Preprints
https://doi.org/10.5194/tc-2021-2
https://doi.org/10.5194/tc-2021-2

  29 Mar 2021

29 Mar 2021

Review status: this preprint is currently under review for the journal TC.

Ice Roughness Estimation via Remotely Piloted Aircraft and Photogrammetry

James Ehrman, Shawn Clark, and Alexander Wall James Ehrman et al.
  • Department of Civil Engineering, 15 Gillson St., University of Manitoba, Winnipeg, MB R3T 5V6 Canada

Abstract. Structure-from-Motion Photogrammetry conducted with images obtained via Remotely Piloted Aircraft (RPA) has revolutionized the field of land surface monitoring. RPA-Photogrammetry can quickly and easily capture a full 3D representation of a study area. The result of this process is a high-definition Digital Elevation Model (DEM) representing the land surface of a given study area. It is particularly useful in applications where land surface data collection would otherwise be expensive or dangerous. The monitoring of fluvial ice covers can be time-intensive, dangerous, and costly, if detailed data are required. Fluvial ice roughness is a sensitive parameter in hydraulic models and is incredibly difficult to measure directly using traditional field methods. This research hypothesized that the surface roughness of a newly-frozen fluvial ice cover is indicative of subsurface roughness. The hypothesis was tested through a comparison of ice roughness determined through the statistical analysis of RPA-photogrammetry DEMs to ice roughness values predicted by the Nezhikhovskiy equation. The Nezhikhovskiy equation is a widely used empirical method for estimating ice roughness based on observed ice thickness. Hydraulic and topographic data were collected over two years of field research on the Dauphin River in Manitoba, Canada. Various statistical metrics were used to represent the roughness of the DEMs. Strong trends were identified in the comparison of ice cover roughness values determined through RPA-photogrammetry and those calculated via the Nezhikhovskiy equation, as well as with ice thickness. The inter-quartile range of observed roughness heights was determined to be the most representative roughness metric. The maximum peak value performed better in some cases, but the fact that this metric would be heavily influenced by outliers led to it being rejected as a representative metric. Three distinct forms of surface ice roughness were noted: rough, smooth, and ridged. Statistical properties of the DEMs of fluvial ice covers were calculated. No DEMs were found to be normally distributed. k-means clustering analysis was used to group sampled data into two categories, which were interpreted as rough and smooth ice. The inter-quartile range of the smooth and rough categories were found to be 0.01–0.05 meters and 0.07–0.12 meters, respectively. RPA-photogrammetry was concluded to be a suitable method for the monitoring of fluvial ice covers. Other applications of RPA-photogrammetry for the characterization of fluvial ice covers are proposed.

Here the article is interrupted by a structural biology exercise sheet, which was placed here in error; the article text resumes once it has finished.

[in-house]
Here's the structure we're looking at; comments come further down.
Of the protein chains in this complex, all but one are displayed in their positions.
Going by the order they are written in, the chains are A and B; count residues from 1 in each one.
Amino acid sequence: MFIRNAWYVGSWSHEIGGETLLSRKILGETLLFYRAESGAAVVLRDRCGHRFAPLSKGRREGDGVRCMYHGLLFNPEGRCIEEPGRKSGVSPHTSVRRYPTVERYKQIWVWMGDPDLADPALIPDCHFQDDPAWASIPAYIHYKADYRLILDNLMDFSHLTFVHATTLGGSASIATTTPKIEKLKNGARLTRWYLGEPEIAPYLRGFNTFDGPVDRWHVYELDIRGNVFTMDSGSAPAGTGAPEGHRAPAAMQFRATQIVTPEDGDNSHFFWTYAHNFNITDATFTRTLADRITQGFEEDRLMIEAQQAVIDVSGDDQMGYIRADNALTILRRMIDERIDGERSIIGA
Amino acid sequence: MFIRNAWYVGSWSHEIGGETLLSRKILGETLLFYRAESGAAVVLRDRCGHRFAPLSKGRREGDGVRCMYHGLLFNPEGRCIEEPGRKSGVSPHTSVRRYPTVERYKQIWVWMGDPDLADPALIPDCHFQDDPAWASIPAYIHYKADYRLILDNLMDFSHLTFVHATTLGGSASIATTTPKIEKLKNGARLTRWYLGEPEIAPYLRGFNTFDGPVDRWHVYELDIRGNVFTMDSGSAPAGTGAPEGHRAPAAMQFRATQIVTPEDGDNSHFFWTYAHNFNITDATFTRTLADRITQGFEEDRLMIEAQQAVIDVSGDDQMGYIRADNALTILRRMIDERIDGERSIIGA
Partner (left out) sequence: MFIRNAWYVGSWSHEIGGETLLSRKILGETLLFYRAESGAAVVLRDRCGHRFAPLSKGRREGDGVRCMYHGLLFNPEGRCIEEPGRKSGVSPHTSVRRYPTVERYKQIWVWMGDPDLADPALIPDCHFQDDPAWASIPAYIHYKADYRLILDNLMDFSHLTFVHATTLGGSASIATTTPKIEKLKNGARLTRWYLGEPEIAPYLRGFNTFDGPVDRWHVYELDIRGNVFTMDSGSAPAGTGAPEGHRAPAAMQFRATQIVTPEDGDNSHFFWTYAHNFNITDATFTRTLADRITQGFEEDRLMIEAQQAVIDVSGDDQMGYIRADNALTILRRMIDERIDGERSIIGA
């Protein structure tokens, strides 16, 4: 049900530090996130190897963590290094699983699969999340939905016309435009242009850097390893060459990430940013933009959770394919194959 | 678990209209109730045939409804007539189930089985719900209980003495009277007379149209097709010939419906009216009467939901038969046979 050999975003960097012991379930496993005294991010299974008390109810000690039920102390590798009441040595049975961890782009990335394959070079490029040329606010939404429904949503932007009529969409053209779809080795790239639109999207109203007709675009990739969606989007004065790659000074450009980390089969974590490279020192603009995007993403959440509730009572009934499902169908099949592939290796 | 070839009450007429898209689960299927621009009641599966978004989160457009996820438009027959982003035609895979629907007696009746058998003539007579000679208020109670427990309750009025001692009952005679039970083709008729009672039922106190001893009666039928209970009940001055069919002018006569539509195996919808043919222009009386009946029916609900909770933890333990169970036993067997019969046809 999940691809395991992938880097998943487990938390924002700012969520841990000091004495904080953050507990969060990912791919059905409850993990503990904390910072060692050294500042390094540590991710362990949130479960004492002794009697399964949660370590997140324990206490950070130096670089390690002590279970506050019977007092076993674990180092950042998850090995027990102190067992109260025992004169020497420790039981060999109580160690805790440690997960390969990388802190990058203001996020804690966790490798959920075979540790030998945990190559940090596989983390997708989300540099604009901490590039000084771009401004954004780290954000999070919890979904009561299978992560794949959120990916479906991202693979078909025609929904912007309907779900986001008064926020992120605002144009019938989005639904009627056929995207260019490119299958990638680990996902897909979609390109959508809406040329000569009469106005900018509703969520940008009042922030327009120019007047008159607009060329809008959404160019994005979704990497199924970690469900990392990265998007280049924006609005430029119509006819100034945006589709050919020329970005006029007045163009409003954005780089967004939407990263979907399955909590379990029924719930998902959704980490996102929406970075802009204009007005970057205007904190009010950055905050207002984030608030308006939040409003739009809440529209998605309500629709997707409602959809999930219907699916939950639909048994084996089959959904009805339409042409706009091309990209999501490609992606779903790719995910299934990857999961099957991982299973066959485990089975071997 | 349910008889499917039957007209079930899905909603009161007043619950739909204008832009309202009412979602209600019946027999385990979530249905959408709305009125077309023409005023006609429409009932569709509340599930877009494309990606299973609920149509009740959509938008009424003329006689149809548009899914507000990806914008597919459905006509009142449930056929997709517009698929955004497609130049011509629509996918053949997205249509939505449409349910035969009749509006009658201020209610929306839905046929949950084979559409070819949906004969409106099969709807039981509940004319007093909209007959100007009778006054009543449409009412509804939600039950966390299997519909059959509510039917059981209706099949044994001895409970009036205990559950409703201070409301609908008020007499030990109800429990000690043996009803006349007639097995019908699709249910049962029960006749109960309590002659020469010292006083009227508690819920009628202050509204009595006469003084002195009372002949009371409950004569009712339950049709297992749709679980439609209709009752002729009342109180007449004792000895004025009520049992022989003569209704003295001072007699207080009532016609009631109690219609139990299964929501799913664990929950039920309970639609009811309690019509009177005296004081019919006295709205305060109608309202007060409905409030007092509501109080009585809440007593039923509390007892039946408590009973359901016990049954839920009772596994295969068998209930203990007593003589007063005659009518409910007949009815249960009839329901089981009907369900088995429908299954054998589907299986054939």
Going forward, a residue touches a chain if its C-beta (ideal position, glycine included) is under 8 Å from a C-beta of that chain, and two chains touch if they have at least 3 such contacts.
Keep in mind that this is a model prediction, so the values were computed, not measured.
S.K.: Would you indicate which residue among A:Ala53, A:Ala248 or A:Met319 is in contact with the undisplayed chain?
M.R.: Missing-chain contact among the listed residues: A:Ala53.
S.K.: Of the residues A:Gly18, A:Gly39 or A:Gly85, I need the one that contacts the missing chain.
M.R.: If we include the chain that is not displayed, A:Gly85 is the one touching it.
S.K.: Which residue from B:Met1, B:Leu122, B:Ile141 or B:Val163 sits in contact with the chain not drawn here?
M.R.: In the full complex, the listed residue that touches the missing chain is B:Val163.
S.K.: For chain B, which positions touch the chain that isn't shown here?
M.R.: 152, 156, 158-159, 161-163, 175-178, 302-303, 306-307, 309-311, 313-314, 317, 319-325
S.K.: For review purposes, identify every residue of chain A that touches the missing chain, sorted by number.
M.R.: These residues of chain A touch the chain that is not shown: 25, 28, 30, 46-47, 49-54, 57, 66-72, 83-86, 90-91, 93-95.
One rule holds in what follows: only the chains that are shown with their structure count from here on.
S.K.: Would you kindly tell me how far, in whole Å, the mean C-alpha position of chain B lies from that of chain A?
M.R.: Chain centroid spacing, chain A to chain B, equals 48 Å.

James Ehrman et al.

Status: open (until 27 May 2021)

Comment types: AC – author | RC – referee | CC – community | EC – editor | CEC – chief editor | : Report abuse

James Ehrman et al.

James Ehrman et al.

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Short summary
This research proposes and tests new methods for the estimation of the surface roughness of newly-formed river ice covers. The hypothesis sought to determine if surface ice roughness was indicative of the subsurface. Ice roughness has consequences for winter flow characteristics of rivers, and can greatly impact river ice jams. Remotely piloted aircraft and photogrammetry were used, and good correlation was found between the observed surface ice roughness and estimated subsurface ice roughness.